When people told us about the colours of the outback – the stark contrast between the red of the dirt with the blue of the sky, and the silvery green of the eucalyptus trees that dot the landscape – we were somewhat blasé about it. We knew it would be beautiful, but really. And when people told us of the vast nothingness that we’d encounter – some people speaking of the isolation with fondness, and others with uncomfortable dislike – we also were a little blasé about it. We knew it would be isolated, but really.
Being from Canada, everywhere we turn, we se many similarities between Australia and our home country. From both being Commonwealth countries, to vast amounts of land and small populations, to large chunks of essentially uninhabitable land, to politics, to aboriginal issues – you name it. There are many similarities, which is why we are generally so comfortable and happy here in Oz. It feels like home. And even venturing into the Outback, we knew we’d feel a sense of home – large flat chunks of land that go on forever. It screams of Canada’s prairies to us, except we trade unending fields of wheat for unending pastures of scrubby brush dotted with the odd goat or sheep.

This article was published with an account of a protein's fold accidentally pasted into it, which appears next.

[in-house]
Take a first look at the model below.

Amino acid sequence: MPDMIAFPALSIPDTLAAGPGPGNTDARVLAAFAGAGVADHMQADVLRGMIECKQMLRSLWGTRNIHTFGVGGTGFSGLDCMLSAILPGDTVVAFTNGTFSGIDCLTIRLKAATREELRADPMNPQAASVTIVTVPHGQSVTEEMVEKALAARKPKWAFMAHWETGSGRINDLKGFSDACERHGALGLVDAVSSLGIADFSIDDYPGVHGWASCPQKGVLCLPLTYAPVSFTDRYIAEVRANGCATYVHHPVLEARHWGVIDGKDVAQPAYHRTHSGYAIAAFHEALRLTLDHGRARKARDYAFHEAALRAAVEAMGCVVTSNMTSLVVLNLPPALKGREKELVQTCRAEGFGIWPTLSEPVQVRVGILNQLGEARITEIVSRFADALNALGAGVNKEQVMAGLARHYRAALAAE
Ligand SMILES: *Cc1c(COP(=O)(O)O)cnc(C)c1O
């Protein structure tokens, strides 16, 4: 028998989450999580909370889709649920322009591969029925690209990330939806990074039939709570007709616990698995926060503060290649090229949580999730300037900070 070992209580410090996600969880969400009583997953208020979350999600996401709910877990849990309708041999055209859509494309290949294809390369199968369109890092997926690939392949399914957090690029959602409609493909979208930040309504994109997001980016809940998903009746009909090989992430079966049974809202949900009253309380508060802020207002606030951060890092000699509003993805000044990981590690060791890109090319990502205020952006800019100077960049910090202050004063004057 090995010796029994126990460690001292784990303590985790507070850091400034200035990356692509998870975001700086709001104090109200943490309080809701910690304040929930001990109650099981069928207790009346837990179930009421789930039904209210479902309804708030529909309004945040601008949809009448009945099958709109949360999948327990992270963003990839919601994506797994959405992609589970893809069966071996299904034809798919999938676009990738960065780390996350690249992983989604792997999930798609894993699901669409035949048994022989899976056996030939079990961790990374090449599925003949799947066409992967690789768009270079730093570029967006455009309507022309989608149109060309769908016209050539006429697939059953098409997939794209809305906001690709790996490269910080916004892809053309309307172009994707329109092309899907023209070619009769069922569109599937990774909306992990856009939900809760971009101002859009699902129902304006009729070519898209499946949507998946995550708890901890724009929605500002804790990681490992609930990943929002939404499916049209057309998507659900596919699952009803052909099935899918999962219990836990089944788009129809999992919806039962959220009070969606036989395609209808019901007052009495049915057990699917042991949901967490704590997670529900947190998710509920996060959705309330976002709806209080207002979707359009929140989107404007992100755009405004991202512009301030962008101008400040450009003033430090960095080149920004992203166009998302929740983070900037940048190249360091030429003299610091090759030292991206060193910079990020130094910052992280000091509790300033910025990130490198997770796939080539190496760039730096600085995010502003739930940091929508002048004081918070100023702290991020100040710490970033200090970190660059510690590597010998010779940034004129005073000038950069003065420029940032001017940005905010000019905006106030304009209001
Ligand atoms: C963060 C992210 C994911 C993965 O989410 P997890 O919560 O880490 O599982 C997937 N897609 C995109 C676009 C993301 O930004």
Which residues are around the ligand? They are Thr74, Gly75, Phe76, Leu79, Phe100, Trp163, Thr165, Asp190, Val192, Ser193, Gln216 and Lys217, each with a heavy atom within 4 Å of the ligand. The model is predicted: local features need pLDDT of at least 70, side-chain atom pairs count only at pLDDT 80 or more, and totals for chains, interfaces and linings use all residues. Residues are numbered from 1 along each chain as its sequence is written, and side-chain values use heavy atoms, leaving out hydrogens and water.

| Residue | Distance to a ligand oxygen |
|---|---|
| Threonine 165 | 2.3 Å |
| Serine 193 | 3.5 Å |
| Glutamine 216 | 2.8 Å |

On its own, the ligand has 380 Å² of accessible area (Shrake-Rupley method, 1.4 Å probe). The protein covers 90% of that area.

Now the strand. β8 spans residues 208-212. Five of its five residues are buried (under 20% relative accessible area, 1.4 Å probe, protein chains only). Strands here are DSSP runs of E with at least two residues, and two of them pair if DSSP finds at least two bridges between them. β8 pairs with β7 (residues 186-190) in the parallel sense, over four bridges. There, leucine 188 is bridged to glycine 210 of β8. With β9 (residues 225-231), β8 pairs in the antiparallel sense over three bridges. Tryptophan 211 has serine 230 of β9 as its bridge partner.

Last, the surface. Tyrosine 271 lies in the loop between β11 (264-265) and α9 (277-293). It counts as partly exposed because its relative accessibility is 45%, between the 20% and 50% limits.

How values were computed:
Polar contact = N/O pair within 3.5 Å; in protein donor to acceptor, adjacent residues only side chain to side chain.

But to really see it, to see the dirt go from white to yellow to brown to rust, and eventually to deep burnt sienna red, is quite incredible. To see the landscape change from hilly and full of trees, to so flat that you can see the trunks of trees miles off on the shining horizon. To eventually almost no trees, save for the odd river gum or eucalyptus, and a loose dusting of scrubby brush. Wow. No wonder so many world-renowned artists derive their inspiration from and continue to live in the Australian Outback.
If you want to see more pictures, learn more of our outback experiences, and read about our close encounters with a Road Train full of explosives, read the rest of this article at our World Nomads Ambassador Journal
This post was originally published in 2008. It has since been updated for accuracy of links and content.